What many experts and consumers have hardly dared to hope for, seems now at least in some banks. Indeed, some credit institutions have lowered their discretionary interest rates, which is explained by experts above all by the ECB’s recent reduction of the prime rate.
However, in particular consumer advocates continue to criticize the still on average very high discretionary interest rates, after all, banks can lend themselves in vain for now by the European Central Bank money.
What initially sounds very positive, namely that some banks reduce their interest on discretionary, looks on a closer look, much sober. Indeed, most reductions in this area are minimal and range between 0.1 and 0.25 percent. There are some larger banks, which have already announced a reduction in discretionary interest by only 0.1 percent, which is relatively ridiculous in principle due to the key interest rate of 0.0 percent.
After all, these larger banks still demand between ten and twelve percent for the use of the disposition credit. Against this background, for example, the party of the GREENS once again affirmed its demand that there should be legal caps on discretionary interest. The consumer advocates have been fighting for a few years for such a scheme, which would at least ensure that there are no discretionary interest in the double-digit percentage range.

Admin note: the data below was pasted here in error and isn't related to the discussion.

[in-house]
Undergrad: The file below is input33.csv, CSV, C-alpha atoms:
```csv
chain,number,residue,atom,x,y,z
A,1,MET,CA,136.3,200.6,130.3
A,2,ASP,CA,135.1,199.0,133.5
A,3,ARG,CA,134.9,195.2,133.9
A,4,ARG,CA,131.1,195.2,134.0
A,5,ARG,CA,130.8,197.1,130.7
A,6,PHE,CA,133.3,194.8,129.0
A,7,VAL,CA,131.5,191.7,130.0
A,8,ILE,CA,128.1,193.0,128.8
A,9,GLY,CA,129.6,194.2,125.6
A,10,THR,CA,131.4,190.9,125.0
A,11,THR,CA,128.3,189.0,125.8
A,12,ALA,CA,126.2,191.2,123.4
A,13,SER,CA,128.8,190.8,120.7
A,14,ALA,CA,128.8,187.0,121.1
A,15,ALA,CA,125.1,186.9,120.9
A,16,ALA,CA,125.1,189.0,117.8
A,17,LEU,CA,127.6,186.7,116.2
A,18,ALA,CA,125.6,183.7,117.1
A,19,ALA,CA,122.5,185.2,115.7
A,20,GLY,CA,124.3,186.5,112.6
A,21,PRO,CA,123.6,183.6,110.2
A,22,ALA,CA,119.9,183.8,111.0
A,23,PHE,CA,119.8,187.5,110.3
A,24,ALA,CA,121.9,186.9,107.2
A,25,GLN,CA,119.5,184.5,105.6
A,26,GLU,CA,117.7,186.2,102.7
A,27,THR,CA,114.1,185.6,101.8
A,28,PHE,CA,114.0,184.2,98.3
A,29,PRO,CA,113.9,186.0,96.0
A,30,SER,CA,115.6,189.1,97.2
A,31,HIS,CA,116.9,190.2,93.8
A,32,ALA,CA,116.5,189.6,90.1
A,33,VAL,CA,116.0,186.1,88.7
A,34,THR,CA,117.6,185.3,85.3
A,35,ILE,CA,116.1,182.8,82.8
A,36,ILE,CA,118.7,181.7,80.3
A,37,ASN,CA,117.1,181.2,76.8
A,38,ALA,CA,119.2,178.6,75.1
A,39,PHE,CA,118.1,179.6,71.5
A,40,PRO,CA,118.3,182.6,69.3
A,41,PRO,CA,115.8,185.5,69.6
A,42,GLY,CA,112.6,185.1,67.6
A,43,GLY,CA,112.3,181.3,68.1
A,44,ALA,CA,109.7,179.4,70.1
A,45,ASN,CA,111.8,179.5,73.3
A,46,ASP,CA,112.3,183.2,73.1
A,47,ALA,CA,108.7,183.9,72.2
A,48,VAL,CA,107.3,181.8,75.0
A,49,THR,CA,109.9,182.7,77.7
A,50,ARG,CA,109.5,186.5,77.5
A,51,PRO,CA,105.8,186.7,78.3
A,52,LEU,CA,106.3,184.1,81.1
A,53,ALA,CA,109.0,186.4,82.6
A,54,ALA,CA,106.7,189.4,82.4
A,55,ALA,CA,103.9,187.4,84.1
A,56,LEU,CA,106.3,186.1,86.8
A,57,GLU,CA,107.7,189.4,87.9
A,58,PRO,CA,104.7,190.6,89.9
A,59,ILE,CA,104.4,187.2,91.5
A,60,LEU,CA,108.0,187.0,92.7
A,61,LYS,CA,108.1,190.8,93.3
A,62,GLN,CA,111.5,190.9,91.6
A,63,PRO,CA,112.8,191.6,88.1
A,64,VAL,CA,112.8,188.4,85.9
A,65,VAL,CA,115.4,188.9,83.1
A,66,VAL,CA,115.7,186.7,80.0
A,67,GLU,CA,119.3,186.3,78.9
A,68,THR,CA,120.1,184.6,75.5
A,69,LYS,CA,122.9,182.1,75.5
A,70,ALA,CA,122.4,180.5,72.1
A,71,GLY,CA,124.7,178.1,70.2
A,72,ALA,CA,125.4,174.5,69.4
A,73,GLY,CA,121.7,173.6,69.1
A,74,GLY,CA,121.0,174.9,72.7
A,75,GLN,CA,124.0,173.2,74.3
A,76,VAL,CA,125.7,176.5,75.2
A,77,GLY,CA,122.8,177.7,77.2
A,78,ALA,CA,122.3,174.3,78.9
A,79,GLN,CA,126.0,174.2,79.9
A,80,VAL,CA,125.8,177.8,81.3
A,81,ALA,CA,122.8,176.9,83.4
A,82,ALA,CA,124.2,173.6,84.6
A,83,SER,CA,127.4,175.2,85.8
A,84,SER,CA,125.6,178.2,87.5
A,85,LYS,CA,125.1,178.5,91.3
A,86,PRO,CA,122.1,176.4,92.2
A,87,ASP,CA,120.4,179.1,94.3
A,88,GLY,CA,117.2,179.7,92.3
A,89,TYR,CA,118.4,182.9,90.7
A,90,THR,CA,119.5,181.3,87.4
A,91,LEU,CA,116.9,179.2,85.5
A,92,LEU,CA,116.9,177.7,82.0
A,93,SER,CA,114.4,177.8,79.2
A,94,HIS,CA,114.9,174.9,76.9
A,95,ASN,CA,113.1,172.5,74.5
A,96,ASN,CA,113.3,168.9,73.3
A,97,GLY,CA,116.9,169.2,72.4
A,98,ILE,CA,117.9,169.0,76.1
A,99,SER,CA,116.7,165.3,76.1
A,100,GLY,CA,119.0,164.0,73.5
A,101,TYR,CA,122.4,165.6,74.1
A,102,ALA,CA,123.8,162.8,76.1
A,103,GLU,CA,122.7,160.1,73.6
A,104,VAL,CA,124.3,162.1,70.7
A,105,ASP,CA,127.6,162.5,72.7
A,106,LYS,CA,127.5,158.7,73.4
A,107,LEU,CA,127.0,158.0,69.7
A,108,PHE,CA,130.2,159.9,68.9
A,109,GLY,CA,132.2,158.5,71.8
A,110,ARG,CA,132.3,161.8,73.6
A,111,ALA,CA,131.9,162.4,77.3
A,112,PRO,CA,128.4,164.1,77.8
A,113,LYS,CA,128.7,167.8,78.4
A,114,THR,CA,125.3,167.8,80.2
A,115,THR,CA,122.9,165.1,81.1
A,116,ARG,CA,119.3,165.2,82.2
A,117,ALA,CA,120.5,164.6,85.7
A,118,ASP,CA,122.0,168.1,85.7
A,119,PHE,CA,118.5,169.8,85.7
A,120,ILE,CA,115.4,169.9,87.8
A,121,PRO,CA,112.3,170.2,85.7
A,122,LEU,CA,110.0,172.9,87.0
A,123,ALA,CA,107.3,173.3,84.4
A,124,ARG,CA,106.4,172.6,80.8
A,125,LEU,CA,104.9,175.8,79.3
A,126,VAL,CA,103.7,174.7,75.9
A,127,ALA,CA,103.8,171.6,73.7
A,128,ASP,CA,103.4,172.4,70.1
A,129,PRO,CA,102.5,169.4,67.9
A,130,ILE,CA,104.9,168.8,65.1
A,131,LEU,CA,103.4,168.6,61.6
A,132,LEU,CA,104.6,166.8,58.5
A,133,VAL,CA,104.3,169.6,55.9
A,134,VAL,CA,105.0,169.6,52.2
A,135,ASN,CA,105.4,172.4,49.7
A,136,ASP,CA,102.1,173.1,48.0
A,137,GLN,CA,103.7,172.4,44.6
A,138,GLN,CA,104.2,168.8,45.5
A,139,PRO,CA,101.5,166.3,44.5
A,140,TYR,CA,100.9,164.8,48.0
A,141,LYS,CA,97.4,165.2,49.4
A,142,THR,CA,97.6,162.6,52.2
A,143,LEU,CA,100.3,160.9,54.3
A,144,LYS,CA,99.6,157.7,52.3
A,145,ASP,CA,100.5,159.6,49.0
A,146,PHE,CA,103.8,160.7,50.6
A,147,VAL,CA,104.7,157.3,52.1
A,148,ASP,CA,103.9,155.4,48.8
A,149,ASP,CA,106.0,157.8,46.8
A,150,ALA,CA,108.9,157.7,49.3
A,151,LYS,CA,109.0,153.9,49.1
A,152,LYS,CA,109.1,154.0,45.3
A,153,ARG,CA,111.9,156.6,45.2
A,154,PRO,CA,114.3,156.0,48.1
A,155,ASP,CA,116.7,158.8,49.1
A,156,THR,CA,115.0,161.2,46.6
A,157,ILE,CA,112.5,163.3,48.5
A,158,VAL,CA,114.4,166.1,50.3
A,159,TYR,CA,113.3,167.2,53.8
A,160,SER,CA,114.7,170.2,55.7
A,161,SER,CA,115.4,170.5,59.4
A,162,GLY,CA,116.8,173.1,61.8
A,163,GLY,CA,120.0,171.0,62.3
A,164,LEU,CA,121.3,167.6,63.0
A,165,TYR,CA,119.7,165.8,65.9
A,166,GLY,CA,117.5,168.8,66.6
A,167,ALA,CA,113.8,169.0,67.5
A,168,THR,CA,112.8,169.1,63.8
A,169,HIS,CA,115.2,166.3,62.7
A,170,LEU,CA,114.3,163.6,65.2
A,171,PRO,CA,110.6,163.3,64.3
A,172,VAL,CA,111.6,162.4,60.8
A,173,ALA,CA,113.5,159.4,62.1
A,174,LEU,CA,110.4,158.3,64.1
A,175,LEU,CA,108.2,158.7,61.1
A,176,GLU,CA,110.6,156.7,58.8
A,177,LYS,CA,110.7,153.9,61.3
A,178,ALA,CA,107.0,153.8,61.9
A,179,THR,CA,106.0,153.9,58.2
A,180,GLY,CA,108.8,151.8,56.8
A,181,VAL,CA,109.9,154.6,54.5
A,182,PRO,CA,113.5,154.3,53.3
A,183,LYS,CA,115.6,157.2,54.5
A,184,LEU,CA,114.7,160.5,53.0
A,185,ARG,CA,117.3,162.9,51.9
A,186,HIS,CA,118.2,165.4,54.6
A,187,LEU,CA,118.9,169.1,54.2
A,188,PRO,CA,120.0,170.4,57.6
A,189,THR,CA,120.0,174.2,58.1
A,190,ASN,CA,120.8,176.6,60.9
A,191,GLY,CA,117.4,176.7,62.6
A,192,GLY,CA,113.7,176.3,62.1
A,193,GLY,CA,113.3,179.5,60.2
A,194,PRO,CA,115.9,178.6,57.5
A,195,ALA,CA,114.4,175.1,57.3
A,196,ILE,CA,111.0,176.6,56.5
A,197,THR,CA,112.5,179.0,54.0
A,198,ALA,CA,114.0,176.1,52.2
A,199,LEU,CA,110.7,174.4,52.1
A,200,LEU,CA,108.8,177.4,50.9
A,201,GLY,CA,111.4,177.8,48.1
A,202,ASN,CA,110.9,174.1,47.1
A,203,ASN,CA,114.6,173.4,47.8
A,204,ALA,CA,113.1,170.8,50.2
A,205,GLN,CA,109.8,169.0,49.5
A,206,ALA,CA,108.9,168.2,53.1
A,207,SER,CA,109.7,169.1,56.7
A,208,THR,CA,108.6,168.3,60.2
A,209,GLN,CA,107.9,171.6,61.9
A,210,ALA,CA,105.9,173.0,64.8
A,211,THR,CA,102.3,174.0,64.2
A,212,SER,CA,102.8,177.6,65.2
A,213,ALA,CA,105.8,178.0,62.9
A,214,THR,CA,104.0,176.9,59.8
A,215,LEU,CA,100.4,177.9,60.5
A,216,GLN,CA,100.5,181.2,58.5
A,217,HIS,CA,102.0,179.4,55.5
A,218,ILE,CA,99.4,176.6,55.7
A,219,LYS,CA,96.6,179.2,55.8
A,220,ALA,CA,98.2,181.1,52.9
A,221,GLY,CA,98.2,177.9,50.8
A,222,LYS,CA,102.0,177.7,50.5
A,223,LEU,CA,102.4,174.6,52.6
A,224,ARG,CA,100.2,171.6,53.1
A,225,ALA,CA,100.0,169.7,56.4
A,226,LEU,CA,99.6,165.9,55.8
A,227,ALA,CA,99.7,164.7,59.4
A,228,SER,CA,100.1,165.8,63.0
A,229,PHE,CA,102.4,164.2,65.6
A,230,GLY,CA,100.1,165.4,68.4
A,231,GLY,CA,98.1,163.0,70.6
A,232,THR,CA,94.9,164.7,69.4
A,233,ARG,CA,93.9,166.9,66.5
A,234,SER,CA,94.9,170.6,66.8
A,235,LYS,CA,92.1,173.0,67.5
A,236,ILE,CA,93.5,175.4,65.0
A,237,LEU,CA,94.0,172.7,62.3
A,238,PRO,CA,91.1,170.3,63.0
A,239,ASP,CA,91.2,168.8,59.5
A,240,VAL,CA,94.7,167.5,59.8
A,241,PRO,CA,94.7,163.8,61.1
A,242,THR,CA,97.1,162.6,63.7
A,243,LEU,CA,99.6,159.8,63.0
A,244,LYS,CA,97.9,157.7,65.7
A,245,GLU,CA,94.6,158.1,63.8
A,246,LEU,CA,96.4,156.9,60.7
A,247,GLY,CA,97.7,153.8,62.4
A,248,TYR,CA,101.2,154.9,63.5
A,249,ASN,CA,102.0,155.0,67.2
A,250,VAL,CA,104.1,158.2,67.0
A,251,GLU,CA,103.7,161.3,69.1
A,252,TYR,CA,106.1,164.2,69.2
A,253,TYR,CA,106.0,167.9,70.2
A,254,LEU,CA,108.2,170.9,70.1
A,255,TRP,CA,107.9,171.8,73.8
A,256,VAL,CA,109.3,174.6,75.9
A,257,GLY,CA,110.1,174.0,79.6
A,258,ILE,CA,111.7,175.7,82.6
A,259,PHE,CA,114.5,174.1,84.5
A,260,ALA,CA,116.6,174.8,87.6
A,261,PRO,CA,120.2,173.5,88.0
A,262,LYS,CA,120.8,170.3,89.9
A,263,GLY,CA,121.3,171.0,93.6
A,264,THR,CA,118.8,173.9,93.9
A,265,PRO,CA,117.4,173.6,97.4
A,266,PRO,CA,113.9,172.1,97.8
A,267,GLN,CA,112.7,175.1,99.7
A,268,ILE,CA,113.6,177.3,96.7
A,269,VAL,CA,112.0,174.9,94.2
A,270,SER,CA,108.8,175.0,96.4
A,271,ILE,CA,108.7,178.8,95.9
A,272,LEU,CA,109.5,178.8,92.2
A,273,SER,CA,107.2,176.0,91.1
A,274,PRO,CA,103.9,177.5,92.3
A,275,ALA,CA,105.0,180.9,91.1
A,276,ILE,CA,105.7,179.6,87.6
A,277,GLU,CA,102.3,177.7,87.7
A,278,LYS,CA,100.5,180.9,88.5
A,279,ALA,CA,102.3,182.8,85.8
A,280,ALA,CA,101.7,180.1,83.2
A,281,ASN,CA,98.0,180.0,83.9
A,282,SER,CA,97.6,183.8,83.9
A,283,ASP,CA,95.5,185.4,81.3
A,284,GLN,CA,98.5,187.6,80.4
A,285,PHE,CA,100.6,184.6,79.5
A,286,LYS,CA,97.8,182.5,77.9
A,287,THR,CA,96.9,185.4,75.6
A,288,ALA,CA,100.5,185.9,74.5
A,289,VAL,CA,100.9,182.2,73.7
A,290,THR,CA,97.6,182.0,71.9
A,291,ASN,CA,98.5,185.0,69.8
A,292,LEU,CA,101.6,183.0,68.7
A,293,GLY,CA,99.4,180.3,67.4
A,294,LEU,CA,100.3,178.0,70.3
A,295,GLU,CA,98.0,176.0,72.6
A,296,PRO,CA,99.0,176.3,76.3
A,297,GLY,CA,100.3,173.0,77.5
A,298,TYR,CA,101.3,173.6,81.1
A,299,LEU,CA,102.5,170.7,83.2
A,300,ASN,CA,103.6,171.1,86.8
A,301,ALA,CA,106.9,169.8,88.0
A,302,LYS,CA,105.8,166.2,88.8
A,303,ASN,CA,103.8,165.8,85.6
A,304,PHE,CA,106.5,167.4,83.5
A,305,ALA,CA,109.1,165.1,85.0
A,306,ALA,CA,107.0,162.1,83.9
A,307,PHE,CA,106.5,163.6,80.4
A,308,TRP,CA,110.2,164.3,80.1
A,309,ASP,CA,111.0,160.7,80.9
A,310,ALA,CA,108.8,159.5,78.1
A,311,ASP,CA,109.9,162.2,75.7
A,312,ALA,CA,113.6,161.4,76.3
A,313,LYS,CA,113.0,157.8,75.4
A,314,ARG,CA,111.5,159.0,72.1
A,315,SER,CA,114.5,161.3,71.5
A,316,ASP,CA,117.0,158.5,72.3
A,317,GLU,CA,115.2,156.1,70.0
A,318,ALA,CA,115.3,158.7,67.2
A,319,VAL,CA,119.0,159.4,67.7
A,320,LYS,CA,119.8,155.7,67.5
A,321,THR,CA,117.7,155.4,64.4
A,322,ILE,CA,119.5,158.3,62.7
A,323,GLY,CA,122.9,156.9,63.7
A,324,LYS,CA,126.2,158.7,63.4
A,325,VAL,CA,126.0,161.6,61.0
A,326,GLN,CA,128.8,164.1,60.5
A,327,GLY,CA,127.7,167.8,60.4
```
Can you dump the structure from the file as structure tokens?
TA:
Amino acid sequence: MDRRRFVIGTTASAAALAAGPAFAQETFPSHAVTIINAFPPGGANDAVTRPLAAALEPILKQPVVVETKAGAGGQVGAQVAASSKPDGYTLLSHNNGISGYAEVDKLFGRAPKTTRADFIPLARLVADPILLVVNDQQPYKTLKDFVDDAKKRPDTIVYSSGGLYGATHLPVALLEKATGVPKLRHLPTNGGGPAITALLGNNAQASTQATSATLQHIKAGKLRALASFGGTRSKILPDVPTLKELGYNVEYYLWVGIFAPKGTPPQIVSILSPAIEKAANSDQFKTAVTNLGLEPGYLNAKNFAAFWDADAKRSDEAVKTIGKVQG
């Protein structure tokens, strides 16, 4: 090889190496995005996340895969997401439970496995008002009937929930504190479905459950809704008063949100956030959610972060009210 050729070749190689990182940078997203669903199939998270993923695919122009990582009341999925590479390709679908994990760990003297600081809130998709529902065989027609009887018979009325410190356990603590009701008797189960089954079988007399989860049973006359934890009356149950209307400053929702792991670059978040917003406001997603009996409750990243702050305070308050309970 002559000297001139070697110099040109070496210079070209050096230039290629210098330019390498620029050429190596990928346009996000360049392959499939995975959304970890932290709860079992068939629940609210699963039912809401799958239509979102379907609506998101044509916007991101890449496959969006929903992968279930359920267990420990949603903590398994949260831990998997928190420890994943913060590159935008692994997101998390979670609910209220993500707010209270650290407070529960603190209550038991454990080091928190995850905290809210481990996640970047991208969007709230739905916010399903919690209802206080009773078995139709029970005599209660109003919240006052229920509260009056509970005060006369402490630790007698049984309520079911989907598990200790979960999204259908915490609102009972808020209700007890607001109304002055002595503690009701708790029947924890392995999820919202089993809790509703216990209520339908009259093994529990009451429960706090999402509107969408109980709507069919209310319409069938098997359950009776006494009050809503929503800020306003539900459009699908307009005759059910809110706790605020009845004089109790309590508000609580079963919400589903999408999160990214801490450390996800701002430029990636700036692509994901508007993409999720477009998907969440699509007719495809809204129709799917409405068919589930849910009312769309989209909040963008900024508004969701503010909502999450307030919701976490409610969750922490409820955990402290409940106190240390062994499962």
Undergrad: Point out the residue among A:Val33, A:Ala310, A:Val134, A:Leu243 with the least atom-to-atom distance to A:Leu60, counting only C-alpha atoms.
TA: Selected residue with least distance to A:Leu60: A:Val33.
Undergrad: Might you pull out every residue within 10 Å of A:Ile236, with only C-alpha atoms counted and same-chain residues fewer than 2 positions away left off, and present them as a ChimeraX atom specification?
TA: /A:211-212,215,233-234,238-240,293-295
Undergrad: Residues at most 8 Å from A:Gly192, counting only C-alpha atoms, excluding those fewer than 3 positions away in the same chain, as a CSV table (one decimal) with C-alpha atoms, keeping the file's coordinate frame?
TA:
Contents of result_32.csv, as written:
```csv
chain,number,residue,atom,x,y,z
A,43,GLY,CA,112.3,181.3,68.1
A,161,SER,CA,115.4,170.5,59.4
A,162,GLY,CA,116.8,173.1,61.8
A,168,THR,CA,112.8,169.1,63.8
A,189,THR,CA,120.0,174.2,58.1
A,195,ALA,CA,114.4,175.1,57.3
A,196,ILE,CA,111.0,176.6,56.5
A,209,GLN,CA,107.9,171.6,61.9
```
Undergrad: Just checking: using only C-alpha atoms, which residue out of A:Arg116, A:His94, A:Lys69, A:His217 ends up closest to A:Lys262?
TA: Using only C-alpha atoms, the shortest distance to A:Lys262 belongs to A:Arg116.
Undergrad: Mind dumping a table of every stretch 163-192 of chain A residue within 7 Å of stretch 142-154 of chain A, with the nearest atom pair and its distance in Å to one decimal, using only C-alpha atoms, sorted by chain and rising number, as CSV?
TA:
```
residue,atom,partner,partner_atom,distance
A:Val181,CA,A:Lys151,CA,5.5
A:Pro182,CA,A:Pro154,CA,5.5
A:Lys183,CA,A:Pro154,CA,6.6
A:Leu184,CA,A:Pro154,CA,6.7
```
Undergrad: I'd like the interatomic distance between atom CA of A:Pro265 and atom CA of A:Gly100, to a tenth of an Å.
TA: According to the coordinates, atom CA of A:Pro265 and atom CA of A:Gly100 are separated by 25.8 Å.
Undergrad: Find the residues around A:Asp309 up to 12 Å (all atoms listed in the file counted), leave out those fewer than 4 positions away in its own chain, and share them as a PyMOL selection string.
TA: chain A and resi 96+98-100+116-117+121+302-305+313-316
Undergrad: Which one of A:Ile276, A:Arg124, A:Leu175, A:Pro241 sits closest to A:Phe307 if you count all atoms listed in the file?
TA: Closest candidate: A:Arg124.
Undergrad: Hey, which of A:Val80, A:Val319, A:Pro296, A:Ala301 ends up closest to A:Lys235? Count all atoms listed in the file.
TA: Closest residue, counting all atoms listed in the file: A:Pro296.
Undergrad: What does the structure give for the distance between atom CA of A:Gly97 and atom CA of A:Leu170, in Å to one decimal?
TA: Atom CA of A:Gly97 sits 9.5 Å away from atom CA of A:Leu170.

Numerous consumer advocates criticize the discretionary interest that they currently absolutely not fit the other interest rate environment. While there is generally a clear low interest rate level on the capital market and, for example, investors are barely receiving 0.3 per cent for overnight money or time deposit accounts, banks are still picking up sharply on overdraft rates.
Even with real estate loans and installment loans, the loan interest payable has been significantly reduced in recent years, only the debit interest for an approved overdraft of the current account seems to be inviolable by the banks.
That it would be relatively expensive for them to keep their money readily available at all times. Although the account holder has the opportunity to call up the promised credit line at any time, in the opinion of many consumer advocates and other experts, this can not justify the demand for a double-digit interest rate.
Nonetheless, the banks are constantly drawing attention to the fact that the discretionary credit should in any case serve only to bridge financial shortages in the short term, whereas in the case of longer-term financing, it would make more sense to avail itself of the much cheaper installment loan.